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Teaching the Alphabetic Code: Phonics and Decoding

By: Learning First Alliance
Early skills in alphabetics serve as strong predictors of reading success, while later deficits in alphabetics is the main source of reading difficulties. This article argues the importance of developing skills in alphabetics, including phonics and decoding.

In addition to phoneme awareness and letter knowledge, knowledge of sound-symbol associations is vital for success in first grade and beyond. Accurate and fluent word recognition depends on phonics knowledge. The ability to read words accounts for a substantial proportion of overall reading success even in older readers.

Good readers do not depend primarily on context to identify new words. When good readers encounter an unknown word, they decode the word, name it, and then attach meaning. The context of the passage helps a reader get the meaning of a word once a word has been deciphered.

The Report of the National Reading Panel states that explicit, systematic, synthetic phonics (in synthetic phonics, children are taught to blend individual speech sounds into words) is significantly more effective than other types of phonics such as incidental, embedded, or whole-to-part phonics.

The ability to spell is generally improved with systematic phonics instruction even in children who read relatively well. Instruction in word recognition, moreover, should include not only sound-letter correspondences, but also sight words, syllabication (breaking words into syllables), and morphology (breaking words into meaningful parts).

By the end of second grade, students should be able to decode almost any unfamiliar word so that they can attend to uncovering the meaning. The extent to which students will depend on explicit, systematic teaching will vary, but teachers need to be prepared to teach everyone, including those who do not learn to decode with ease.

Teachers cannot teach the relationships between speech and print systematically, explicitly, and skillfully unless they themselves understand how spelling represents sounds, syllables, and meaningful parts of words. English is a predictable, albeit complex language that children can approach with confidence if their teachers present the system itself as one with logic and structure.

Teachers need knowledge, guidance, and practice, however, if they are to teach in a way that improves on the ineffective drills and worksheets that may have been misused in the past.

Endnotes

Endnotes

Click the "Endnotes" link above to hide these endnotes.

  1. National Reading Panel. (2000). Report of the National Reading Panel: Teaching children to read: An evidence-based assessment of the scientific research literature on reading and its implications for reading instruction. Washington, DC: National Institute of Child Health and Human Development, National Institutes of Health.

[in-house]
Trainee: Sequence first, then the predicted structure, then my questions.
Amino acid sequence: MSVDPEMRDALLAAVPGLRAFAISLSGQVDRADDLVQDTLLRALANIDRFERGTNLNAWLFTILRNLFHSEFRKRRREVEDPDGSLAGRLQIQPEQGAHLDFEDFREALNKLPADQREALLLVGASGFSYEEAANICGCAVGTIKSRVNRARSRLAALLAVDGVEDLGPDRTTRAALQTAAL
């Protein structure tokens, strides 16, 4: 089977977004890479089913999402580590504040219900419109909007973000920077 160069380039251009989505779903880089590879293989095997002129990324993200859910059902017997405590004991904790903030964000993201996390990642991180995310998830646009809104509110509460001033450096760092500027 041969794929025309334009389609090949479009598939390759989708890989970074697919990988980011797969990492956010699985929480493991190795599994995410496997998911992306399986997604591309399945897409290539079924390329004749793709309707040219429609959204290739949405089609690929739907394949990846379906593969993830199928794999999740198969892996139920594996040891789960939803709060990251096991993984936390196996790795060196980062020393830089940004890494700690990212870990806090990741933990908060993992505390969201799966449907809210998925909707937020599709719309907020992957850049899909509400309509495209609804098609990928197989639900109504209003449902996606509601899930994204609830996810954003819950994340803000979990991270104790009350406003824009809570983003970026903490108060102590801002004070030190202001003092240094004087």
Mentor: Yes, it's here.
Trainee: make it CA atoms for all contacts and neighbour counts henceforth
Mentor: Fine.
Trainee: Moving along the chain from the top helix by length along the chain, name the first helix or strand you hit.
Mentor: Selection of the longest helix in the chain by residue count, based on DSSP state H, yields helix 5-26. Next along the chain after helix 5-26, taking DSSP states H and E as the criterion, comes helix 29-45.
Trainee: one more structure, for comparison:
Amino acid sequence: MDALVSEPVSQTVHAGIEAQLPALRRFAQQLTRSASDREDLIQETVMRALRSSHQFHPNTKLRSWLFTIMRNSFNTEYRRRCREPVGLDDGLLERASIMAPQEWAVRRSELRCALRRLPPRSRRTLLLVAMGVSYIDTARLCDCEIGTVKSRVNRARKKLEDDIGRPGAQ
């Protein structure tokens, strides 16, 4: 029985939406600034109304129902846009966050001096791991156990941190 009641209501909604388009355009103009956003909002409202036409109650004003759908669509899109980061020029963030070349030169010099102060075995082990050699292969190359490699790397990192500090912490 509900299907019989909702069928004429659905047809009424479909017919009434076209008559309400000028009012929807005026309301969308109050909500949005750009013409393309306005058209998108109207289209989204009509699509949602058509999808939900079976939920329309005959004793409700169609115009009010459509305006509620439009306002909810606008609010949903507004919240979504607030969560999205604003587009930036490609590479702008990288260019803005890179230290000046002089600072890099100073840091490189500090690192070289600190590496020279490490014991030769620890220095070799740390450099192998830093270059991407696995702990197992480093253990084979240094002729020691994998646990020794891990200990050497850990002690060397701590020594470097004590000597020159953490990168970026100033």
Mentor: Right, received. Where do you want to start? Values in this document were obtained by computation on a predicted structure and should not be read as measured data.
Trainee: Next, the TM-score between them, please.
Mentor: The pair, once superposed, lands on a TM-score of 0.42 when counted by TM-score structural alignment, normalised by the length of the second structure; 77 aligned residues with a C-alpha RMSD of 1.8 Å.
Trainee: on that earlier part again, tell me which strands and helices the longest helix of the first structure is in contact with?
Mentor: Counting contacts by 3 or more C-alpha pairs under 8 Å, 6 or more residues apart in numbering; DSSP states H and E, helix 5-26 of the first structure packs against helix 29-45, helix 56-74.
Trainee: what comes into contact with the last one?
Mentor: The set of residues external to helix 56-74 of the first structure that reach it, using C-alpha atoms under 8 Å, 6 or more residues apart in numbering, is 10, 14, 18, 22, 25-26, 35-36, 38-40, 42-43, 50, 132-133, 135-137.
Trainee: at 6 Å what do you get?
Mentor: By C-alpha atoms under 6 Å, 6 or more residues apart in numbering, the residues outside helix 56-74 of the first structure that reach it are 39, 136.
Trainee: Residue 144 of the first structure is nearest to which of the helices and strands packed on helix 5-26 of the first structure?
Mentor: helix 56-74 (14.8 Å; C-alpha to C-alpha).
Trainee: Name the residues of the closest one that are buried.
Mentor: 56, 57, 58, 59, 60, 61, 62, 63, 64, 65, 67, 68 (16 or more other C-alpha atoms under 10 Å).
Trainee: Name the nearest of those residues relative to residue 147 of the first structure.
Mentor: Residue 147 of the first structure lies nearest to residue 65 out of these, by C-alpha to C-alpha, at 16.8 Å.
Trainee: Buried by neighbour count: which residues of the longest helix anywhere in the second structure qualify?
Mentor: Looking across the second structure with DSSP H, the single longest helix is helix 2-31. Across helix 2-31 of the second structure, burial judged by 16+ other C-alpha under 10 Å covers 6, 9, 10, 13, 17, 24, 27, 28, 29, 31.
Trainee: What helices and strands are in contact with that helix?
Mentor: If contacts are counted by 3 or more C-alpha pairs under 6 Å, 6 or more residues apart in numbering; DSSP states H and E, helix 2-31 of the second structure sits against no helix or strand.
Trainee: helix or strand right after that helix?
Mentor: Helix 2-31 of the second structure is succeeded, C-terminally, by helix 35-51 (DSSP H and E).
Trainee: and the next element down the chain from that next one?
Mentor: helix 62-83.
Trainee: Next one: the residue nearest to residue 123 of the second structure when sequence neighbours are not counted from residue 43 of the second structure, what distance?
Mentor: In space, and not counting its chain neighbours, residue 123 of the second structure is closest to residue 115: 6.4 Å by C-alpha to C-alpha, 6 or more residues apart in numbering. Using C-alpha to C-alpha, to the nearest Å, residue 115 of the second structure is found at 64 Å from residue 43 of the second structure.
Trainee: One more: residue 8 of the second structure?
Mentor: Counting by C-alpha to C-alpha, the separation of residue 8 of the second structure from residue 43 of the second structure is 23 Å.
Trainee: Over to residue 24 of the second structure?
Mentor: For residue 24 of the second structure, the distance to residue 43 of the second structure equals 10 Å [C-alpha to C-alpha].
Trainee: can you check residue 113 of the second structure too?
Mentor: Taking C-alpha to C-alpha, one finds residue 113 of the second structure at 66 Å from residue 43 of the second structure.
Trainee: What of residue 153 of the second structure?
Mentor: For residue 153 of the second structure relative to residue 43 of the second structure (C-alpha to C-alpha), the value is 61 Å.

Snow, C., Burns, S., & Griffin, P. (1998). Preventing reading difficulties in young children. Washington, DC: National Academy Press.

  2. Moats, L. C. (1995). The missing foundation in teacher education. American Educator, 19(2), 9, 43-51.

    National Reading Panel. Report of the National Reading Panel.

    Scarborough, H., Ehri, L., Olson, R., & Fowler, A. (1998). The fate of phonemic awareness beyond the early school years. Scientific Studies of Reading, 2, 115-142.

  3. Adams, M., Treiman, R., & Pressley, M. (1998). Reading, writing and literacy. In I. E. Siegal and K. A. Renniger (Eds.), Handbook of child psychology: Child psychology in practice (5th ed., Vol. 4, pp. 275-355). New York: Wiley.

  4. National Reading Panel. (2000). Fluency. Chap. 3 in Report of the National Reading Panel: Teaching children to read: Reports of the subgroups (pp. 3-1-3-43). Washington, DC: National Institute of Child Health and Human Development, National Institutes of Health.

  5. Ibid.

  6. Beck, I. L., McCaslin, E. C., & McKeown, M. G. (1980). The rationale and design of a program to teach vocabulary to fourth-grade students. Pittsburgh, PA: University of Pittsburgh Learning Research and Development Center.

    National Reading Panel. (2000). Vocabulary instruction. Part 1 of Chap. 4 in Report of the National Reading Panel: Teaching children to read: Reports of the subgroups (pp. 4-15-4-38). Washington, DC: National Institute of Child Health and Human Development, National Institutes of Health.

  7. Beck, I. L., & McKeown, M. G. (1991). Conditions of vocabulary acquisition. In P. D. Pearson (Ed.), The Handbook of Reading Research (Vol. 2, pp. 789-814). New York: Longman Press.

  8. Beck, I. L., McKeown, M. G., & Omanson, R. C. (1984). The fertility of some types of vocabulary instruction. Paper presented at the annual meeting of the American Educational Research Association, New Orleans.

  9. Beck, I. L., McKeown, M. G., Hamilton, R. L., & Kucan, L. Getting at the meaning: How to help students unpack difficult text. American Educator, 22, 66-71, 85.

    Learning First Alliance (1998). Every child reading: An action plan. Washington, DC: Author.